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2 computer network
aaron42 Jun-25-01 05:09 PM
I am trying to network two computers together, both running Windows 98. I connected the two with a crossover cable, went through all the networking steps in http://www.duxcw.com/digest/Howto/network/net2pc/intro.htm to configure NetBEUI but when I look in network neighborhood on each computer, I can't see the other computer at all. Any ideas why it isn't working?

1. RE: 2 computer network
lbyard Jun-25-01 05:53 PM
In response to message 0
Yes. In most cases the crossover cable is not made properly. Hold the the ends of the cable up with the clips facing away. The sequence of wires at one end should match one of the diagrams at http://duxcw.com/digest/Howto/network/cable/cable6.htm. the sequence of wire at the other end should match the other diagram. Next, do you have solid Link or LNK LEDs on the network adapters? Larry

2. RE: 2 computer network
aaron42 Jun-25-01 10:16 PM
In response to message 1
Well I'm using a BNC cable and not a standard Ethernet cable, so I can't see the wires to check. However, the cable has been used before to connect two computers and it has worked, so I'm fairly certain that it is a functioning crossover cable. As to your other point, neither of the network adapters have solid lights.

3. RE: 2 computer network
lbyard Jun-26-01 10:35 AM
In response to message 2
LAST EDITED ON Jun-26-01 AT 10:39 AM (GMT)

A coaxial cable is not a crossover cable, but it can be used to connect two computers together in what is known as a thinwire Ethernet. Again, the cable is the most likely cause of the problem. In fact, it is more likely than a twisted-pair cable. The cable should have RG58/AU printed on it. RG58, RG58/A, RG59, etc. may work, but are the wrong kinds of cable.

When one uses coax to connect two computers together in a thinwire network, the following components must be installed: A T connector (http://www.gadgetpros.com/rg58tconnector.html) must be connected directly to the BNC connector on both Ethernet adapters. The cable must be attached to one of the two BNC connectors on the T’s on each network adapter. There must be a 50-ohm terminator (http://www.gadgetpros.com/rg58terminator.html) on the other connector on each T. If the cable is connected directly to the network adapter it will not work; it must be terminated at both ends. If that is how you have things connected, and if the network adapters are dual-media or "combo" adapters, which can be used in both twisted-pair and thinwire networks, verify that they are configured to use the BNC connector. See http://duxcw.com/faq/network/thinwire.htm for more info. Larry

4. RE: 2 computer network
aaron42 Jun-26-01 01:56 PM
In response to message 3
The cable is type RG58. However, it is connected to a T connector on both ends which is then plugged into the Ethernet adapters, and the T connectors are terminated on the other side. The Ethernet adapters have two slots for both types of cable, but I don't know if they need specific configuration to use the BNC. How would I configure them appropriately? If they are configured correctly, is the fact that the cable is RG58 and not RG58/AU enough to prevent the network from working?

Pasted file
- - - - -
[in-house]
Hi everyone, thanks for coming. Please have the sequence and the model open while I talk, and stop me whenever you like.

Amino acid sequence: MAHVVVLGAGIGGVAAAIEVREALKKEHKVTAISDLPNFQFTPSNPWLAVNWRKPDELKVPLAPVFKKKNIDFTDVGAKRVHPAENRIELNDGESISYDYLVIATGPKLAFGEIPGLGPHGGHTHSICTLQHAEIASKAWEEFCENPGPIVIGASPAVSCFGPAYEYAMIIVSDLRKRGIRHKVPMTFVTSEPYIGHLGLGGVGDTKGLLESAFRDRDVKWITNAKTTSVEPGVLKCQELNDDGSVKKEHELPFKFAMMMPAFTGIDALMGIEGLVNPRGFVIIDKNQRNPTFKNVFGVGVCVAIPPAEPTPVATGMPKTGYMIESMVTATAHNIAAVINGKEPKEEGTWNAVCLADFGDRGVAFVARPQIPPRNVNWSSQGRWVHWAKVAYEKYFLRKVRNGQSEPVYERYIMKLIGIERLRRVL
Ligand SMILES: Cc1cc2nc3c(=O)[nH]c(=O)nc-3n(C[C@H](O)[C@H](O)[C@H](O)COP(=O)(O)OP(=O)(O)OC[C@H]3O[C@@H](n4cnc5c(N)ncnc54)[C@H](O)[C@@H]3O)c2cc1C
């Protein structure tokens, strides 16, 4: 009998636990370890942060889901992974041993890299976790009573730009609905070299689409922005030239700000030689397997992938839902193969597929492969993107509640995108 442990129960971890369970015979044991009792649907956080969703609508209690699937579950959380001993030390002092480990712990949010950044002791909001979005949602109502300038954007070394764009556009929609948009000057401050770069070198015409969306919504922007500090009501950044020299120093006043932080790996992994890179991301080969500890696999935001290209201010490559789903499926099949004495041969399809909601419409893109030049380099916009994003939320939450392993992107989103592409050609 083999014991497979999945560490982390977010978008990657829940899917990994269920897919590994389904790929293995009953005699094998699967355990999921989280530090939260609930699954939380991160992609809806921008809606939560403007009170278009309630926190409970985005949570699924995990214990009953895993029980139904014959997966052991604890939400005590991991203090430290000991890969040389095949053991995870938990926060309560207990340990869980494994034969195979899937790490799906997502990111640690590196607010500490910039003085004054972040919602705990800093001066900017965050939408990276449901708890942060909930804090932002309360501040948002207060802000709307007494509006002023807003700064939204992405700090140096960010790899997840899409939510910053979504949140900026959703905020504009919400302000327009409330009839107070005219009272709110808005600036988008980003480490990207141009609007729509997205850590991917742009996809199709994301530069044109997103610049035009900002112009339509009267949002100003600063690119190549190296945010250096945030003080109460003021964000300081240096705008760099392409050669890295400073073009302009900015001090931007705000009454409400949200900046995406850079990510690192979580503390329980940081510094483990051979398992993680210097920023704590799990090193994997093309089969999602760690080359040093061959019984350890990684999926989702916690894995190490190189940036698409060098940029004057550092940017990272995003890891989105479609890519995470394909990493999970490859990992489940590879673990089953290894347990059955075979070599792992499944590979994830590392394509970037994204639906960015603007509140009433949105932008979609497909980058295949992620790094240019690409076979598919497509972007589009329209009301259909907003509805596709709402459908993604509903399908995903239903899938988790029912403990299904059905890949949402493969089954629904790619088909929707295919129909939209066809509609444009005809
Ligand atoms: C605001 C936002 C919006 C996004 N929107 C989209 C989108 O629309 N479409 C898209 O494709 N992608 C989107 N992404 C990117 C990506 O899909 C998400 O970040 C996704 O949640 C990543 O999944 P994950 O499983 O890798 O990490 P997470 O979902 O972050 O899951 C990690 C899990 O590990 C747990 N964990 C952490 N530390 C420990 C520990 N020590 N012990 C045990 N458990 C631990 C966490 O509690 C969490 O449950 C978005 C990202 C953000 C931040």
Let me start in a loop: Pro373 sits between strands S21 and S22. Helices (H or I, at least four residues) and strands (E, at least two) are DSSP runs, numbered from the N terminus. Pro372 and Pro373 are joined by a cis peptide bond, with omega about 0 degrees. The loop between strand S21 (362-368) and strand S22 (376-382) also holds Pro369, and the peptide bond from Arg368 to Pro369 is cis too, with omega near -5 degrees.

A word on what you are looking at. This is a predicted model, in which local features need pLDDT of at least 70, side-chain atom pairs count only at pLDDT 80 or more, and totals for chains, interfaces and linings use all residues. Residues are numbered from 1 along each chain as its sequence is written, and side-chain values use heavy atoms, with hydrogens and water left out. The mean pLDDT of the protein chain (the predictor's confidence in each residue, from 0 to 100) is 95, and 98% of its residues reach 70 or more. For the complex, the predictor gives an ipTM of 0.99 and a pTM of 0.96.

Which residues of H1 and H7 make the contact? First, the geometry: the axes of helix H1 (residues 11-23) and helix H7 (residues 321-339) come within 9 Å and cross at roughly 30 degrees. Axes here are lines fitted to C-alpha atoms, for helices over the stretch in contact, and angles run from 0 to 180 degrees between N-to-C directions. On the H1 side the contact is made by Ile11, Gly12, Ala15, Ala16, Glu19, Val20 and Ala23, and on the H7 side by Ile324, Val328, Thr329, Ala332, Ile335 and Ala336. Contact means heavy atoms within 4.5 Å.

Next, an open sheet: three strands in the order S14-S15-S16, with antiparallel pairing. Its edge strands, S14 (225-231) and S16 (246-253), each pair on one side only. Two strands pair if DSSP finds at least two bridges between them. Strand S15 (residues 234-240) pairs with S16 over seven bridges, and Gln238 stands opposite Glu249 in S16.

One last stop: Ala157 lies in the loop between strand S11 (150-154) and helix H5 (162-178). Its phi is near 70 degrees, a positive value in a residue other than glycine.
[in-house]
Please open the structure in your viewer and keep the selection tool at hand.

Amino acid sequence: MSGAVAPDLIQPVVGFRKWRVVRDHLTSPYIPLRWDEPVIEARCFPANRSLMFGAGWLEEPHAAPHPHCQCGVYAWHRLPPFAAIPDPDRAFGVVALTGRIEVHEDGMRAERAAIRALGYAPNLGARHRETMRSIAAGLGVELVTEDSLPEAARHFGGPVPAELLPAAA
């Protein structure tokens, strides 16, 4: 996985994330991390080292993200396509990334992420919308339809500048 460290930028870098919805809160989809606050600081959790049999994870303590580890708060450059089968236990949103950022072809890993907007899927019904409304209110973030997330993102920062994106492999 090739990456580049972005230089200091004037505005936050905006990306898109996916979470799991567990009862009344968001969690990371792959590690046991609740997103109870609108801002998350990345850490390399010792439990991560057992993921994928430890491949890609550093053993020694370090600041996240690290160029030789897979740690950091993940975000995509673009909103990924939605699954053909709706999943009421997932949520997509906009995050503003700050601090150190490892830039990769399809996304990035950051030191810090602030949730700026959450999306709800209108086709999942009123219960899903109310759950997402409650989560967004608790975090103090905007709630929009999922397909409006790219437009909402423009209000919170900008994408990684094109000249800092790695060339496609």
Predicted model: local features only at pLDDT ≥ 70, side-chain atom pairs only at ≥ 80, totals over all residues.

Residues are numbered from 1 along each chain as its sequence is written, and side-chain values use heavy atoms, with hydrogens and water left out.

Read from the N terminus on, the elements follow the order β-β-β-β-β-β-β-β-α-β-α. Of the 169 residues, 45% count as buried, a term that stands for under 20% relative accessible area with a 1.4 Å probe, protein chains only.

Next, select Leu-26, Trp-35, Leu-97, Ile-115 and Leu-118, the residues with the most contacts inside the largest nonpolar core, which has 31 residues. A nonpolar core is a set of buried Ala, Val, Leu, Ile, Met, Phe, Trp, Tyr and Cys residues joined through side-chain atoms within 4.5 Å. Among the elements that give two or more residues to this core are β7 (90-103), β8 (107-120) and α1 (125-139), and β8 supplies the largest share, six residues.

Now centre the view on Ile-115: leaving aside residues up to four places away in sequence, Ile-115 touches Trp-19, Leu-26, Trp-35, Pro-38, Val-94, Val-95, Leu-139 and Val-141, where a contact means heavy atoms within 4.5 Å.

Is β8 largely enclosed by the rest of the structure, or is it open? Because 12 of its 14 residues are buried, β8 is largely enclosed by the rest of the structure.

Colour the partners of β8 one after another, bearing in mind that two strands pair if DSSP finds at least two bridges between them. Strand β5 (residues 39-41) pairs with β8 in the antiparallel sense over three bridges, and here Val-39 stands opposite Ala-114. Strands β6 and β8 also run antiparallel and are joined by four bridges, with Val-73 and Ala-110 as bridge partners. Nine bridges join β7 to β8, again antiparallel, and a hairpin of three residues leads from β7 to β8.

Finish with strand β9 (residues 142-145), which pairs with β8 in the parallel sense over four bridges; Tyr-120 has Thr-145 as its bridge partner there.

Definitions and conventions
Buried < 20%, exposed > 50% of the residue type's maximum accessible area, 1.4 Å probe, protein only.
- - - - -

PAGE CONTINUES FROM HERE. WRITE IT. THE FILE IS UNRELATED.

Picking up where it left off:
5. RE: 2 computer network
lbyard Jun-26-01 02:53 PM
In response to message 4
In my experience RG58 will work, but it can be unreliable. The problem is that the 58 core conductor is a solid wire. The connectors on solid core coax come loose too easily and it is often difficult to determine by visual inspection if a plug is not attached properly/not working. A/U has a stranded core and is quite reliable if installed properly by a trained and experienced technician with the correct tools and connectors, albeit the connectors are more difficult to install until one develops a knack for doing it through practice. Also, many connectors are just plain poorly designed and come loose, and I find that the wrong types of connectors are often installed. There are many types of RG58 connectors designed for different cable jackets, diameters, and cores. And RG58 cable itself varies by manufacturer and even by reel from the same manufacturer. Furthermore, many thinwire networks use plenum wire. In my experience, this wire and the connectors for it are terribly unreliable. If the cable is rather stiff, thinner than usual, and not black, it is probably plenum. I have installed many many “ends” on thinwire networks… And those ends are rather expensive compared to RJ45 plugs. I have also seen bad T’s and terminators.

Do you see solidly lit Link (LNK) LEDs on both adapters? The Activity LEDs should be blinking. There are four ways that combo adapters are configured for the either twisted-pair or coax: 1) some automatically detect the media, 2) some can be configured in the adapter properties in the Windows control console, 3) some are configured with software that comes on a floppy that comes with the adapter, and 4) others (mainly real old ones) are configured with a jumper. What adapters do you have? Did you read the FAQ referenced in my last post? Larry

6. RE: 2 computer network
aaron42 Jun-26-01 03:08 PM
In response to message 5
The adapters are set to automatically detect which one it should use. As for the lights, both link lights are off. The activity light on the computer with the internet connection blinks occasionally but not at all regularly, and the activity light on the other computer does not blink at all.
I think that the wire is plenum, since it is thinner and it is grey not black. You think that a faulty cable is probably my problem?

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